SALT LAKE CITY — A Duchesne County nurse was charged Wednesday with murdering her 2-year-old foster son who investigators say she didn't want to adopt.
Lisa Jo Vanderlinden, 41, of Neola, is charged in 8th District Court with aggravated murder, a first-degree felony.
Vanderlinden and her husband were foster parents to a boy, only identified as L.C., and to L.C.'s 1-year-old sister.
She believed the child was "difficult and challenging, and while she wanted to keep and adopt the sister, she did not want to adopt him," according to charging documents.
In the days leading up to the boy's death, Vanderlinden "was overwhelmed and getting more and more frustrated" with the boy, friends and acquaintances later told investigators.
On Aug. 4, L.C. "exhibited behavioral problems" during dinner. Vanderlinden said she became "mad and frustrated," the charges state.
At one point, other family members heard a "loud bang" coming from the bathroom where Vanderlinden was taking care of the boy, according to court documents.
"Thereafter, L.C. wasn't acting normal and wouldn't walk," the charges state.
Other children told investigators they could hear the boy vomiting and heard yelling from Vanderlinden, whom they described as "mad," according to the charges.
The next day, Duchesne County sheriff's deputies were called to the house on a report that the boy was deceased. They observed "multiple bruises" on the boy's face and a closer examination revealed bruises and cuts on the child's head, face, arms, hands, scalp, stomach, back and legs, as well as "significant internal injuries that resulted in his death," according to the charges.
A pediatrician believes the injuries were caused by blunt force trauma, the court documents say.
The loss of any child impacts and devastates us. This is tragic for so many from the family and the community to our staff and other foster parents.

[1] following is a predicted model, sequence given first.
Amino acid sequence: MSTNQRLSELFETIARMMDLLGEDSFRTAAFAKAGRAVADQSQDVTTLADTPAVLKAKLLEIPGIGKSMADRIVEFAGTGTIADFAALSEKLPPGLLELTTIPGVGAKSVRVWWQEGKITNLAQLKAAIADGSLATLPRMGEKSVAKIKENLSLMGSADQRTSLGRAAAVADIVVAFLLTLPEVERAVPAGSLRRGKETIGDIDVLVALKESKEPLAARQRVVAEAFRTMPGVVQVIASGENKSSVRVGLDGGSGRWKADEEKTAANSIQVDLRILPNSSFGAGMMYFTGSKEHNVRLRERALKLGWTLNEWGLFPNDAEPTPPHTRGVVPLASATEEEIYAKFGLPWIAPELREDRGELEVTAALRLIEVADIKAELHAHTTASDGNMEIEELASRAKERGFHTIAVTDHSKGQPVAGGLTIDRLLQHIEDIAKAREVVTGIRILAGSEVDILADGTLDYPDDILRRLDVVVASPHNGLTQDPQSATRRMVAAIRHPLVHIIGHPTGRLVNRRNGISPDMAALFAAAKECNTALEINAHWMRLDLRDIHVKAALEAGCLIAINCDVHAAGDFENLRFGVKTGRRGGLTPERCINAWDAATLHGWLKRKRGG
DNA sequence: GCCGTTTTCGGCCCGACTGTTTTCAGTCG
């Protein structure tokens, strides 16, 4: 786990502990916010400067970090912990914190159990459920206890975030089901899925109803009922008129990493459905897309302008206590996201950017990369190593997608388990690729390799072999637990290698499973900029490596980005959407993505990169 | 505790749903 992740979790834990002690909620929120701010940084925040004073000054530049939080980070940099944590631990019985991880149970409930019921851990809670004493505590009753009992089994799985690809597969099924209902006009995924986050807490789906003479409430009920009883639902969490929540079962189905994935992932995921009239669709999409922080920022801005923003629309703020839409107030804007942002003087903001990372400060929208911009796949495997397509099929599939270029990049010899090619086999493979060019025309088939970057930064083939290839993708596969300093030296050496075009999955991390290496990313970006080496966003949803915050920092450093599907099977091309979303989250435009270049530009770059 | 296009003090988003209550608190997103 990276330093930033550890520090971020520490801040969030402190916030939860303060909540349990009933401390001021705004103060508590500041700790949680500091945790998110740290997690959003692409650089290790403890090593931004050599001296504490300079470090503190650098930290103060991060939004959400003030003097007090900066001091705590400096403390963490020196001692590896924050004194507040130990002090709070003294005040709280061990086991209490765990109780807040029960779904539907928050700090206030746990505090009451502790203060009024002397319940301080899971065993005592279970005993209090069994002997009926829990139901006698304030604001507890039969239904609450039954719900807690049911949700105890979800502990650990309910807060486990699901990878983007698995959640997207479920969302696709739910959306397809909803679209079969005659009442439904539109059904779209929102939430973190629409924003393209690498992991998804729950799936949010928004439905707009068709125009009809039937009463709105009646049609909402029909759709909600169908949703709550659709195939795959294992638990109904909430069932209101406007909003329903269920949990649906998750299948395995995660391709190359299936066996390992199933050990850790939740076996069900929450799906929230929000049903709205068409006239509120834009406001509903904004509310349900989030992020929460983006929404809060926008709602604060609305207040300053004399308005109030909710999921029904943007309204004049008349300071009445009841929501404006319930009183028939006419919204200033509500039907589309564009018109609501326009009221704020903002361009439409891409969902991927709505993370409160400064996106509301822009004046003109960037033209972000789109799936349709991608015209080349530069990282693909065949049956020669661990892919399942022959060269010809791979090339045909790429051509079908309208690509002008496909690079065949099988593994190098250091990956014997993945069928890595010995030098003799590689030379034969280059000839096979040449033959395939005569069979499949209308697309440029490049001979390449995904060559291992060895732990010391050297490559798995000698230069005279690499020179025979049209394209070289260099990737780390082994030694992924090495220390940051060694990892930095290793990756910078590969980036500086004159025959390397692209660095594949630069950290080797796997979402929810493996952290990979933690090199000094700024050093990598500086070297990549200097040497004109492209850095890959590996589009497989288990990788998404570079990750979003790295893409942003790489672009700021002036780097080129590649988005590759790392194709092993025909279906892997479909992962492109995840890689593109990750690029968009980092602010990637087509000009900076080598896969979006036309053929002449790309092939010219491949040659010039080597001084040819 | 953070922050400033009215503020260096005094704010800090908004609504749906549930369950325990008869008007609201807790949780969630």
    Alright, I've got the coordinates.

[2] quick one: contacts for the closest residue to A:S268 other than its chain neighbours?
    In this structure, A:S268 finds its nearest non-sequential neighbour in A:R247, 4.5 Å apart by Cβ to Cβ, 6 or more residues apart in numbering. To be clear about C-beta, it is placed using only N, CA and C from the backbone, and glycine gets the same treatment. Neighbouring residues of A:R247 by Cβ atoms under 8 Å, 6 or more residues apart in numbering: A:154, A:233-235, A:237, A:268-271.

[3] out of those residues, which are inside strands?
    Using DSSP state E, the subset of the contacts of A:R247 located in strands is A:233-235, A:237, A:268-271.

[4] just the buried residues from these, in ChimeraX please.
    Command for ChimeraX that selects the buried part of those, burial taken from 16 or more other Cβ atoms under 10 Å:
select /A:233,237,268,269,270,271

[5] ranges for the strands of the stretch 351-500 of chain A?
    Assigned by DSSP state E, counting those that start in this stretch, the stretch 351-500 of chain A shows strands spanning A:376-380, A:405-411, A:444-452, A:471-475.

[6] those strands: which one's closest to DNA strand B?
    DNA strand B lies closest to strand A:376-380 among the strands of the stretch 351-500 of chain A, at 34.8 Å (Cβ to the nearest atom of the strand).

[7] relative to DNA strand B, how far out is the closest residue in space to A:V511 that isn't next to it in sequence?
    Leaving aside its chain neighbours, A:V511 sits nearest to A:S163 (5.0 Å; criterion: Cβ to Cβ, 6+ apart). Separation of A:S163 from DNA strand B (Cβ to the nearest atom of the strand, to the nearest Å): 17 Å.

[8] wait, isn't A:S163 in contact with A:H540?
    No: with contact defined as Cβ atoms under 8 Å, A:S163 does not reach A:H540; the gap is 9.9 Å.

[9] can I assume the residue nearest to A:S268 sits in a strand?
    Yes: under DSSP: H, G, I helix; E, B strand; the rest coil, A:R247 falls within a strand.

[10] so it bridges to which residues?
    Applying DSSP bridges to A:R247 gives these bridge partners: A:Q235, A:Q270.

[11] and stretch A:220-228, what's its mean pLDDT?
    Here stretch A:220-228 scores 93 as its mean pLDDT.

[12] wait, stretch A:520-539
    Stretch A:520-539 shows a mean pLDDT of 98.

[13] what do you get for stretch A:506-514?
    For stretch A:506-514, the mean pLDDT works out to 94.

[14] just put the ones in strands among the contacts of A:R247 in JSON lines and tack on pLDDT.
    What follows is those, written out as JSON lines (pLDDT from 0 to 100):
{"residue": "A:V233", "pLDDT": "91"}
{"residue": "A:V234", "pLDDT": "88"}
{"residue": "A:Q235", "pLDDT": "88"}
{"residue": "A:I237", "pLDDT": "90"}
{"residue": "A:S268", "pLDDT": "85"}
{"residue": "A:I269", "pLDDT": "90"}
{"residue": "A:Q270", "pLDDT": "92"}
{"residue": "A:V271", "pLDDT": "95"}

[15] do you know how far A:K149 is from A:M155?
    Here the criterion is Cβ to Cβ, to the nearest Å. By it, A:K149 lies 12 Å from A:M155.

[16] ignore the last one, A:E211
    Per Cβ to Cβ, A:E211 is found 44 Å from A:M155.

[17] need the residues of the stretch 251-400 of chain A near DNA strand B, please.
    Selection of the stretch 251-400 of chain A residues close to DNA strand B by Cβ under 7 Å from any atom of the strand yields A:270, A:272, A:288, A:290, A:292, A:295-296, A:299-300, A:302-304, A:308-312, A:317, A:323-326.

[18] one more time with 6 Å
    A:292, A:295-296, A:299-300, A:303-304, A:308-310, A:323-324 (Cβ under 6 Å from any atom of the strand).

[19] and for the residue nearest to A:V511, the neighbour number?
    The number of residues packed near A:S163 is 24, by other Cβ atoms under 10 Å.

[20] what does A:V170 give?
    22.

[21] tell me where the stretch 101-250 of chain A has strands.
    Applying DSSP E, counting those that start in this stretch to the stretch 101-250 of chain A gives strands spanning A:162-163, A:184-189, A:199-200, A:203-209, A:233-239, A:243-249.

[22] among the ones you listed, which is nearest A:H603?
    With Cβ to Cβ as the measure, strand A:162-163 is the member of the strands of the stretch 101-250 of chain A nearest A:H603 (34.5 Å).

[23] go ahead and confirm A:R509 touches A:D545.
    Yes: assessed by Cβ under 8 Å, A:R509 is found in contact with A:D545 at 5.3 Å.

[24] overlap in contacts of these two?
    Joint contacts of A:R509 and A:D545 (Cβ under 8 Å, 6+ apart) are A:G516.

–Division of Child and Family Services statement
Vanderlinden is a "licensed practical nurse" and has provided foster services for several years and adopted foster children, the charges state, in addition to providing nursing services for the Children's Justice Center.
"Despite her training as a foster parent and nurse, the defendant was completely indifferent to L.C.'s well-being and did not seek medical attention for the boy," according to charging documents.
Prosecutors also noted in court documents that there have been "multiple unsupported/unsubstantiated allegations of abuse and/or neglect" against Vanderlinden that were reported to the Division of Child and Family Services, "specifically for hitting or punching a minor child."
The Division of Child and Family Services issued a prepared statement Wednesday, saying "The loss of any child impacts and devastates us. This is tragic for so many from the family and the community to our staff and other foster parents."
"Please know, we investigate every allegation of abuse and neglect of a child. When there is an allegation involving a child in our care, a conflict team outside the division conducts the investigation to ensure heightened objectivity when evaluating safety and practice.
"We are seeking important answers through this investigation and are fully cooperating with the attorney general, law enforcement and the medical examiner through this case. We immediately opened our own internal investigation and have engaged a third-party to review this case to learn all we can to protect children we serve."